Booming Chorus almost put Haydn's The Creation in jeopardy
Philharmonic Orchestra and Chorus
Cultural Centre concert hall
A mighty chorus flexed its muscles so much in a performance of one of the most endearing choral works that it put balance and finesse in jeopardy.
Playing out on stage was a rarely performed English version of Joseph Haydn's The Creation in three parts, which the 120-strong chorus of the Philharmonic Orchestra delivered alongside its downsized orchestral force.
The choral group, recruited just two years ago, comprised some 80 female singers and just 40 men - much larger than a standard chorus of 60 to 70 members for a work in the classical period.
It was clearly at home with the English text based on the Book of Genesis, displaying zeal and at times an excess of power that was effective in passages of praise, such as Hallelujah in Part 2.
But the three guest soloists were no match for the collective vocal force and got drowned out, most evidently in The Lord is Great in His Might, also in Part 2.
More problematic in balance was the fortepiano playing the continuo throughout the work. Being a pre-modern piano, its soft sound quality was virtually inaudible even in solo recitative passages with the narrator, not to mention playing amid the modern instruments.
Little wonder that most commercial recordings turn to the harpsichord, which produces a brighter sound.
The mute continuo was especially evident in its duet with the solo clarinet during an aria by the archangel Gabriel in the opening of Part 2. The basso continuo line, partnering the solo cello in Adam's recitative in Part 3, was weak and could not sustain itself.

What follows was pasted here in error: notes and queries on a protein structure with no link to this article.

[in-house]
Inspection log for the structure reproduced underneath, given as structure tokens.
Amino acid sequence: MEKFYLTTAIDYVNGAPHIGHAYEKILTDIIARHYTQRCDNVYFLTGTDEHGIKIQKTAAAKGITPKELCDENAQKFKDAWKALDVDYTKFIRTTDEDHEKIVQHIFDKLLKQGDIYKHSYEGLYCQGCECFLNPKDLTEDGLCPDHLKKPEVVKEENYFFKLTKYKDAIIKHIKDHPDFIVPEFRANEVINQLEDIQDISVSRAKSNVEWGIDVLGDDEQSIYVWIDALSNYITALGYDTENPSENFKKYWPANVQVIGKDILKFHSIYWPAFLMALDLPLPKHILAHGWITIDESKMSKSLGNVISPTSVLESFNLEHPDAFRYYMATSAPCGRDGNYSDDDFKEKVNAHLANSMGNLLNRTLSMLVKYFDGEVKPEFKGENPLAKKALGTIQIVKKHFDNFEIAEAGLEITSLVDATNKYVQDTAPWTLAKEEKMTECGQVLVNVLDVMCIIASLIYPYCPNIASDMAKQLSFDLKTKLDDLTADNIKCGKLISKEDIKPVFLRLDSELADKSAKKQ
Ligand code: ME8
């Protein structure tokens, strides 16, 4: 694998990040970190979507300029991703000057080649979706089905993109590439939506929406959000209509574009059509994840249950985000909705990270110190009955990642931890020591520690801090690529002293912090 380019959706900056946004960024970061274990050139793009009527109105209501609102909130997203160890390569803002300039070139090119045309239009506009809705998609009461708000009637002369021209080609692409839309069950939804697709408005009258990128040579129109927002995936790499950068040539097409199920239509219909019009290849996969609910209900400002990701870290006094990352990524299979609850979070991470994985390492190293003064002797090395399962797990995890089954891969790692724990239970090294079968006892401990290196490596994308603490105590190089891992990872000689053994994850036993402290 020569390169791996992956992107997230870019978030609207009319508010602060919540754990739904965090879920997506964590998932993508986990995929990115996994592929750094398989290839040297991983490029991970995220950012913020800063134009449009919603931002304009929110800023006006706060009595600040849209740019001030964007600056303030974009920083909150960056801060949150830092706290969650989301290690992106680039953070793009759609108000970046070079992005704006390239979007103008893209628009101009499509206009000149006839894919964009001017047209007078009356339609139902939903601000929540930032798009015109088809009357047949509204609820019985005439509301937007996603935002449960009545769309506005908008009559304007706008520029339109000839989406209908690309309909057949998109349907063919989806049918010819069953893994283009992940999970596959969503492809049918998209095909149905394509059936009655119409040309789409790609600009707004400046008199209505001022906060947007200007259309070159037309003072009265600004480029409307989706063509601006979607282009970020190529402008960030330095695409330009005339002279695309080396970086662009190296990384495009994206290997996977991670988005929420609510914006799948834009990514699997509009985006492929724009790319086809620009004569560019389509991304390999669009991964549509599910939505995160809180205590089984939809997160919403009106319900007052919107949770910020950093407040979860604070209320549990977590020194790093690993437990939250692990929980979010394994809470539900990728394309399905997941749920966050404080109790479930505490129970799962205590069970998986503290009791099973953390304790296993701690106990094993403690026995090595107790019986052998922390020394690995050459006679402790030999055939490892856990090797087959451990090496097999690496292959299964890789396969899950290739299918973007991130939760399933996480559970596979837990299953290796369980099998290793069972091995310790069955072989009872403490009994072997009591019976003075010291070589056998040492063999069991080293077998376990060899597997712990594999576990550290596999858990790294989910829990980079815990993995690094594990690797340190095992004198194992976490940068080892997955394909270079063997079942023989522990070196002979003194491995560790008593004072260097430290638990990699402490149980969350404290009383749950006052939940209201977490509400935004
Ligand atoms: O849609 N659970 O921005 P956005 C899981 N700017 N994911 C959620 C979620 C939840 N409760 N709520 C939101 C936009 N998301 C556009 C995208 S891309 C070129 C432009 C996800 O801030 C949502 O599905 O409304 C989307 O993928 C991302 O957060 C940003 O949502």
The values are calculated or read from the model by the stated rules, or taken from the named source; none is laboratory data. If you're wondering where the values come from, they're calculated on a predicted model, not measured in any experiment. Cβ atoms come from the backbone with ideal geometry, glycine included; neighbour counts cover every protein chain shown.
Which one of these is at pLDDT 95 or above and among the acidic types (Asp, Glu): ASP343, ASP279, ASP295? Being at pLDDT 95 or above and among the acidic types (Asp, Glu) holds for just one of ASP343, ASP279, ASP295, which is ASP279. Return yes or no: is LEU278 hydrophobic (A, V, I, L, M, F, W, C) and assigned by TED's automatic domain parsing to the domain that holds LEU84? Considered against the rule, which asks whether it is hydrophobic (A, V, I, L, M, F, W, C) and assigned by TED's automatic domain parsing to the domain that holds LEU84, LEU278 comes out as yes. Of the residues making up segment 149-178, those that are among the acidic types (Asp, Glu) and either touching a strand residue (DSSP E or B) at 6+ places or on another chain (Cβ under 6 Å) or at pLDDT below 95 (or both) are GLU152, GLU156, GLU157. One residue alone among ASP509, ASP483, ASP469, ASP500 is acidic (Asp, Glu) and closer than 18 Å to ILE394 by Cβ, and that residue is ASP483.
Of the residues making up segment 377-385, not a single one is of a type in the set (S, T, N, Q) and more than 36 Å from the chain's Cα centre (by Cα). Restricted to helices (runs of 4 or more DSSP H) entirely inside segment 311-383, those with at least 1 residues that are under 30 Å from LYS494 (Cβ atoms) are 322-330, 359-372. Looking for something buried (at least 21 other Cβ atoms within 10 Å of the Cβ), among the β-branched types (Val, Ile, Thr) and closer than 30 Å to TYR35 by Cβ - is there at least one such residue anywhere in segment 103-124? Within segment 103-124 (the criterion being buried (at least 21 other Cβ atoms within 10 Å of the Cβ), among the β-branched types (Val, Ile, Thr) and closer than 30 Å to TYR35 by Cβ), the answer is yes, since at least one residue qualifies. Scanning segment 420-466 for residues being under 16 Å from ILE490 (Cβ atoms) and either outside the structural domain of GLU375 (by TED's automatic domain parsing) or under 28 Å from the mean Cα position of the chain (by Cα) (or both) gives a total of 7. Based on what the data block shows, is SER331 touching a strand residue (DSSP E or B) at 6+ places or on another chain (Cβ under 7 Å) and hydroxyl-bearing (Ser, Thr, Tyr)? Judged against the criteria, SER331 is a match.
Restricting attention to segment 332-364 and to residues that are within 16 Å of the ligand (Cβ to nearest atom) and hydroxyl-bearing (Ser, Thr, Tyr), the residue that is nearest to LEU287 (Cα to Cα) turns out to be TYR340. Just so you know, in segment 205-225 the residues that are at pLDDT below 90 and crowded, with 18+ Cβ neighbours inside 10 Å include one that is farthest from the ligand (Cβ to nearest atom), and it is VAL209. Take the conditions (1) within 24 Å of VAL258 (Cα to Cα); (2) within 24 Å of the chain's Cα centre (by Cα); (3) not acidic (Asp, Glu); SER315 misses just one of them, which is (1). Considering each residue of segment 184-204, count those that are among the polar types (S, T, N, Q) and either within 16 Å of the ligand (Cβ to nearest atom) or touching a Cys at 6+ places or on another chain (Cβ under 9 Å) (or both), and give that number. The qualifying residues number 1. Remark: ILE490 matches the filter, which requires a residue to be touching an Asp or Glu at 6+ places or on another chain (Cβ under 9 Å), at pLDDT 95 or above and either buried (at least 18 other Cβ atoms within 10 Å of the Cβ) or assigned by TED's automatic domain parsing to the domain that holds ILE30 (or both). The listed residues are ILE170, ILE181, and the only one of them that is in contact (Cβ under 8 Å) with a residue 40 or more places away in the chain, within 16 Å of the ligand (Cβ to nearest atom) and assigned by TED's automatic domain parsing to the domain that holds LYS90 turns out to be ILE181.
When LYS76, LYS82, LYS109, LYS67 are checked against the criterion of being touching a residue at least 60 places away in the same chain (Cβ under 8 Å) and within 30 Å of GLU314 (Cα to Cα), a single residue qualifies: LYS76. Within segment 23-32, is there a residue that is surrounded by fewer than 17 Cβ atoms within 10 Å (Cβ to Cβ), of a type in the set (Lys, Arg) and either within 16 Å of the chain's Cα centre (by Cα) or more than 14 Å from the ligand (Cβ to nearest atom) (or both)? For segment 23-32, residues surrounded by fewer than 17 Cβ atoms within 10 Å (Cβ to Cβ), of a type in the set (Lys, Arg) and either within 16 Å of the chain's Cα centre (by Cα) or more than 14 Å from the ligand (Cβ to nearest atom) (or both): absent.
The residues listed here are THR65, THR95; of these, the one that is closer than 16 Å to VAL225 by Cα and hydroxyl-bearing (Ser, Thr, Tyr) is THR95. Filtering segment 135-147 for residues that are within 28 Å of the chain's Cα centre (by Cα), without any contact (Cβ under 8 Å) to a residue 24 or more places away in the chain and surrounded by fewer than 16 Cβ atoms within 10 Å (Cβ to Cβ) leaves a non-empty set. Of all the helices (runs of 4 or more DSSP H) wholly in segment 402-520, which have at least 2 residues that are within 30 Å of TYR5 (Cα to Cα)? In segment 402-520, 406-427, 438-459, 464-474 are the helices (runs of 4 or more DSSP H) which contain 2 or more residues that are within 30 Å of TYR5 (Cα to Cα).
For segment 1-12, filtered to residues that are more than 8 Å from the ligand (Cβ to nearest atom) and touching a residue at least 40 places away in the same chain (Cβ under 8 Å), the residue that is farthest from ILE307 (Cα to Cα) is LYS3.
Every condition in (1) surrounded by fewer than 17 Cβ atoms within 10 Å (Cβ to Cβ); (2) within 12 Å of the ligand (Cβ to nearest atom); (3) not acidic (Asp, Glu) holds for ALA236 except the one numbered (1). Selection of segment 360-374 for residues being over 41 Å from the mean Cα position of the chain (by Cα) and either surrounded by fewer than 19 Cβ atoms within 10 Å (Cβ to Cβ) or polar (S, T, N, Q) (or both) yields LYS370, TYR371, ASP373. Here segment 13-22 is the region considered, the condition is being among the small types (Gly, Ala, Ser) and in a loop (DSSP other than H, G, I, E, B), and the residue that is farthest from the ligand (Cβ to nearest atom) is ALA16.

Nevertheless, the exquisite singing of the three soloists and the brilliant playing of the small but solid orchestra saved the day.
Bass-baritone Andrew Foster-Williams as archangel Raphael and Adam was great, dramatically delivering the famous lines about various animals, from cattle to worms, upon creation.
Soprano Sara Macliver sang with sensitivity as well as versatility in those extensive lines as Gabriel and then as Eve. The Adam and Eve duets in Part 3 were smilingly musical, accompanied by the superb woodwinds.
Tenor Toby Spence, with his golden voice, was effortless as archangel Uriel, reminiscent of the great Peter Schreier.
Despite its fewer numbers including the absence of at least five section principals, the orchestra performed in top form. Under the baton of Brett Weymark, the punchy orchestral delivery was unmistakably modern. The excitement was best told by the conductor's baton, which flew off his hand at one point. The stick landed in the audience, hurting no one, and the divine act went on uninterrupted.